Allie Ostrander was the only college runner in a field otherwise filled with professionals and the only teenager amid a collection of 20- and 30-somethings, and yet she more than held her own Sunday in the women's 5,000-meter final at the U.S. Olympic Trials.
And the 19-year-old from Soldotna, just a year removed from Kenai Central High, continued to show she could be the future of American women's distance running.
Ostrander finished eighth in the field of 16, sticking with the pack for the majority of the race at Hayward Field in Eugene, Oregon, and clocking 15 minutes, 24.77 seconds.
The top three finishers – American record-holder Molly Huddle, Shelby Houlihan and Kim Conley – qualified for the Rio Olympics.
Ostrander's performance against a field with an average age of 26 proved even more impressive considering she trained for just five weeks before the Trials after a knee injury kept her from running for two months this spring. Ostrander cross-trained during her hiatus from running, and only five weeks ago began training by alternating running and walking.
Fresh off her freshman year at Boise State, Ostrander qualified for Sunday's final by posting the fourth-fastest time (15:27.13) in Thursday'spreliminary rounds. Her time Sunday was three seconds slower than her personal best for the 3.1-mile race.
Sunday's qualifiers for Rio owned years of experience compared to Ostrander – Huddle (15:05.1) is 31; Houlihan (15:06.14) was the second youngest in the field at 23; and Conley (15:10.62) is 30.
Ostrander has enjoyed enormous success for years now, and Sunday's race wrapped a stretch of 14 months in which she has in myriad disciplines — track, cross country and mountain running.
Ostrander closed her prep career in 2015 by breaking her state track records for the 1,600 meters and 3,200 meters. That came after she won her third straight state high school cross-country championship in the fall of 2014.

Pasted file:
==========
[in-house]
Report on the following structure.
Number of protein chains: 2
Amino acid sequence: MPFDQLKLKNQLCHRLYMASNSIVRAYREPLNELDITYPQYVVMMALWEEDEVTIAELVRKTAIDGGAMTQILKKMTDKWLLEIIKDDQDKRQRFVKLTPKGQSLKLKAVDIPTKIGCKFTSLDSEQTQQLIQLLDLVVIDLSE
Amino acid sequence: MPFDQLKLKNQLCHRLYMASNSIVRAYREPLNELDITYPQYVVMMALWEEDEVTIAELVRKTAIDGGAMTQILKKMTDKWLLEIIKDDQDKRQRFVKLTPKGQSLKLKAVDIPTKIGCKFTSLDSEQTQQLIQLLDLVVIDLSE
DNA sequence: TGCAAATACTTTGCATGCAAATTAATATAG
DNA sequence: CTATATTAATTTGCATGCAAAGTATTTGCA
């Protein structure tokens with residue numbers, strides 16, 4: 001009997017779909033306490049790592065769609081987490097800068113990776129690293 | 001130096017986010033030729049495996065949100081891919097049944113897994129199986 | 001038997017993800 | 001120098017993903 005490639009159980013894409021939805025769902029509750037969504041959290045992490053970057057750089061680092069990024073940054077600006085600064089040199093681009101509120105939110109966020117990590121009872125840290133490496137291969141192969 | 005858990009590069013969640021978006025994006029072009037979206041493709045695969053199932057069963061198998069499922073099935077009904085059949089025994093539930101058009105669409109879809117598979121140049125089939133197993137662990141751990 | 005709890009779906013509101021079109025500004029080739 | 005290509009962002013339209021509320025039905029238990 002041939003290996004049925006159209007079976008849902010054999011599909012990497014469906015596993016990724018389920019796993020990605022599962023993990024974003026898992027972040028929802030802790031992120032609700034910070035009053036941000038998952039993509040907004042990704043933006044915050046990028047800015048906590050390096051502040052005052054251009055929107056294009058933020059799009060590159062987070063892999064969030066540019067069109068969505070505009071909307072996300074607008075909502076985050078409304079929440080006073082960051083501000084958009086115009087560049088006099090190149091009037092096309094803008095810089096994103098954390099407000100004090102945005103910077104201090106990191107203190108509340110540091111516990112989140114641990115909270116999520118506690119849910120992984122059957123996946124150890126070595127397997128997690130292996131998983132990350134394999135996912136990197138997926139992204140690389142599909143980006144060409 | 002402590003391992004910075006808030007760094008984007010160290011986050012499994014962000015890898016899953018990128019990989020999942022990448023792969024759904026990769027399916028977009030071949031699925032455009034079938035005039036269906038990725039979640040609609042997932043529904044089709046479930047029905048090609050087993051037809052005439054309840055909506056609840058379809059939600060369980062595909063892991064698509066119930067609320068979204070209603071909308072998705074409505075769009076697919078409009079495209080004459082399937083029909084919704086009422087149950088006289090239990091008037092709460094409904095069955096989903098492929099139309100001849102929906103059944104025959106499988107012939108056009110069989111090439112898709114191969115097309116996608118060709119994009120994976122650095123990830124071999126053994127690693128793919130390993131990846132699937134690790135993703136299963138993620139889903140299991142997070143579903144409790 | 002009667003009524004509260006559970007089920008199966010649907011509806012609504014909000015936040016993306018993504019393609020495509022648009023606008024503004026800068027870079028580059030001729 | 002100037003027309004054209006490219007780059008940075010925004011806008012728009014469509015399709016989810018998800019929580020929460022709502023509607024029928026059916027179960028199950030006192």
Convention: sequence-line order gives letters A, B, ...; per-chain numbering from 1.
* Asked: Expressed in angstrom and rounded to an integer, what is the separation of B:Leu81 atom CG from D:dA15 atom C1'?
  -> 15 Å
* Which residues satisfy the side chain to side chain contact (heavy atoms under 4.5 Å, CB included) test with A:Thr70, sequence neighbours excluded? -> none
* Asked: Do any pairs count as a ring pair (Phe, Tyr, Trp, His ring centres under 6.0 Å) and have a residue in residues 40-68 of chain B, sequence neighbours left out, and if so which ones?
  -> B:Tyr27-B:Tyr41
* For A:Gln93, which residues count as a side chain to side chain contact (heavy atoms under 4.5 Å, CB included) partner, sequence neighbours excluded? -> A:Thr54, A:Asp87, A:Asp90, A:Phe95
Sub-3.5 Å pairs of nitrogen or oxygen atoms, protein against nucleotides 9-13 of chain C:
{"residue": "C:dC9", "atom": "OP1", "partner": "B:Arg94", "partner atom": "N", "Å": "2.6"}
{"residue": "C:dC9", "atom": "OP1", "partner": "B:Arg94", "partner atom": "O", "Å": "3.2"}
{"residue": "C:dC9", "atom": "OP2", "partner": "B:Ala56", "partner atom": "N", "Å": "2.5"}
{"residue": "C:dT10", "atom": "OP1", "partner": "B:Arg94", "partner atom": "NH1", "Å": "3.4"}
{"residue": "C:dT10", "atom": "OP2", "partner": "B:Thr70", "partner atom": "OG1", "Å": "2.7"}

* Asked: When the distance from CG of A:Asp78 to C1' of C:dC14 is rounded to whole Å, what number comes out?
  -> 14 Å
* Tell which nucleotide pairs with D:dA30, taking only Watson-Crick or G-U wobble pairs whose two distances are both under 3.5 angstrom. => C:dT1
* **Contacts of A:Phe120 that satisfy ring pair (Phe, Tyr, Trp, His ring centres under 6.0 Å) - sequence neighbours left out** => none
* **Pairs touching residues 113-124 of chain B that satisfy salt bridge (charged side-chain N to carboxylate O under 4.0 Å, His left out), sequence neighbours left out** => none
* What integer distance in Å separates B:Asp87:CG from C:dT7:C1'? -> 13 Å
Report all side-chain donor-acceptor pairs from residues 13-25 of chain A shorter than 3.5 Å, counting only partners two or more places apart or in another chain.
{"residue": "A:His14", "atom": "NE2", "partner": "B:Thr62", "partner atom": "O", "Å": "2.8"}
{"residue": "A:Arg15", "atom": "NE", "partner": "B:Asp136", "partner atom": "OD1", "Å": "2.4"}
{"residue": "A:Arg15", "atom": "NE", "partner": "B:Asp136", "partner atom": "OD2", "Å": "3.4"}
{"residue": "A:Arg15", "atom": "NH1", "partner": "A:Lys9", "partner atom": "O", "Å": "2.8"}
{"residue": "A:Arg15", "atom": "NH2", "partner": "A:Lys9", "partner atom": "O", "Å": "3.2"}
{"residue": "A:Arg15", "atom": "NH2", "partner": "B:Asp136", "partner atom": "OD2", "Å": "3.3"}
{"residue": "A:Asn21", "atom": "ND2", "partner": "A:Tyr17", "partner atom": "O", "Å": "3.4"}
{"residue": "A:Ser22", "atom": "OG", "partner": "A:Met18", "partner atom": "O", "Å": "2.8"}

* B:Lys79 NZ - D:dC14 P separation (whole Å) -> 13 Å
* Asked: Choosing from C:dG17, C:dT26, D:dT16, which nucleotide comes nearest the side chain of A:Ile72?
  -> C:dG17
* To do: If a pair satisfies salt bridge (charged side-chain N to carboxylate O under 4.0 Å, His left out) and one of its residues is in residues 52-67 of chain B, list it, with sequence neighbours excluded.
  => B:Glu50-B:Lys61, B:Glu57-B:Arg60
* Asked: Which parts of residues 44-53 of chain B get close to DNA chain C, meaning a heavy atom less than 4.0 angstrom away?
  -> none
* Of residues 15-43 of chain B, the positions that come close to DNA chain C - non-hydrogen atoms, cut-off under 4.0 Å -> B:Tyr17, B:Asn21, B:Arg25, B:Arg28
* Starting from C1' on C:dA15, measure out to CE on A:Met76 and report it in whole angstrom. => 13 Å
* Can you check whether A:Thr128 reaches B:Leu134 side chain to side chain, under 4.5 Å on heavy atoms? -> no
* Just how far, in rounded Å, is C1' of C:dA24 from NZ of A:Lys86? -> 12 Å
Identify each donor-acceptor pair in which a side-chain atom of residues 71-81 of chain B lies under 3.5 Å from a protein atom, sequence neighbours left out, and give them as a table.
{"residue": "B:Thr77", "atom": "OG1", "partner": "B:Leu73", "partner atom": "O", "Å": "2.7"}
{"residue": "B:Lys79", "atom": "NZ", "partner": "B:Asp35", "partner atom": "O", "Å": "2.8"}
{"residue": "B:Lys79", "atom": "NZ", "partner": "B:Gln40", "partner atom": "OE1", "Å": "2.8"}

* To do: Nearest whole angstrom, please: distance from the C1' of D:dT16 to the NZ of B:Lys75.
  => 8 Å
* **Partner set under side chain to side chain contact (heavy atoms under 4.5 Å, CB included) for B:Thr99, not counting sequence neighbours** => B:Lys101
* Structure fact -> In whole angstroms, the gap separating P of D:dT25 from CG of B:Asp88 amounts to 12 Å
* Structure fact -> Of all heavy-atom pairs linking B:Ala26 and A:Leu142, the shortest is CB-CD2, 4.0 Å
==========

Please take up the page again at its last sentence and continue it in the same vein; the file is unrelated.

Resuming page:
The six-time junior Mount Marathon champion and record-holder made her senior-division debut in that race on Independence Day in 2015 and merely finished second to Sweden's Emelie Forsberg, a professional mountain runner who ranks among the best in the world. Forsberg and Ostrander topped the 25-year-old Mount Marathon record of icon Nancy Pease.
Ostrander won the world junior women's mountain running championship in North Wales last fall, then as a freshman finished runner-up at the NCAA Division I cross country championships.
She clocked a personal-best 15:21.85 indoors at the University of Washington Invitational in January, which qualified her for the Trials in the 5,000. Ostrander dropped out of the 5,000 midway through the NCAA indoor nationals with the knee injury that sidelined her for much of the spring and caused her to miss the outdoor season.
Yet she rebounded strongly in Thursday's preliminaries at the Trials.
Five Alaska-connected athletes competed at the Trials.
Former Eielson star Janay DeLoach finished third in the women's long jump to make her second straight Olympic team. She won bronze at the 2012 Games in London.
Former Bartlett High shot putter Jordan Clarke finished ninth in the men's shot put and Ketchikan's Isaac Updike closed a breakthrough season by finishing 12th in the men's steeplechase. Also, Paige Blackburn of Soldotna finished 21st in the women's discus.
Another Alaskan attempting to qualify for the Olympics was derailed by injury. Long jumper David Registe of Palmer, the former UAA standout, this summer attempted to qualify for Dominica – he owns dual citizenship – but recently reported on Twitter he suffered a hamstring injury.
Three Alaska track and field athletes in history have reached the Olympics. DeLoach prospered in 2012. Former East High standout Don Clary ran the 5,000 meters at the Games in Los Angeles in 1984. And Chris Clark, a doctor in Anchorage, shocked in 2000 when she won the women's marathon at the Olympic Trials and finished 19th at the Sydney Games.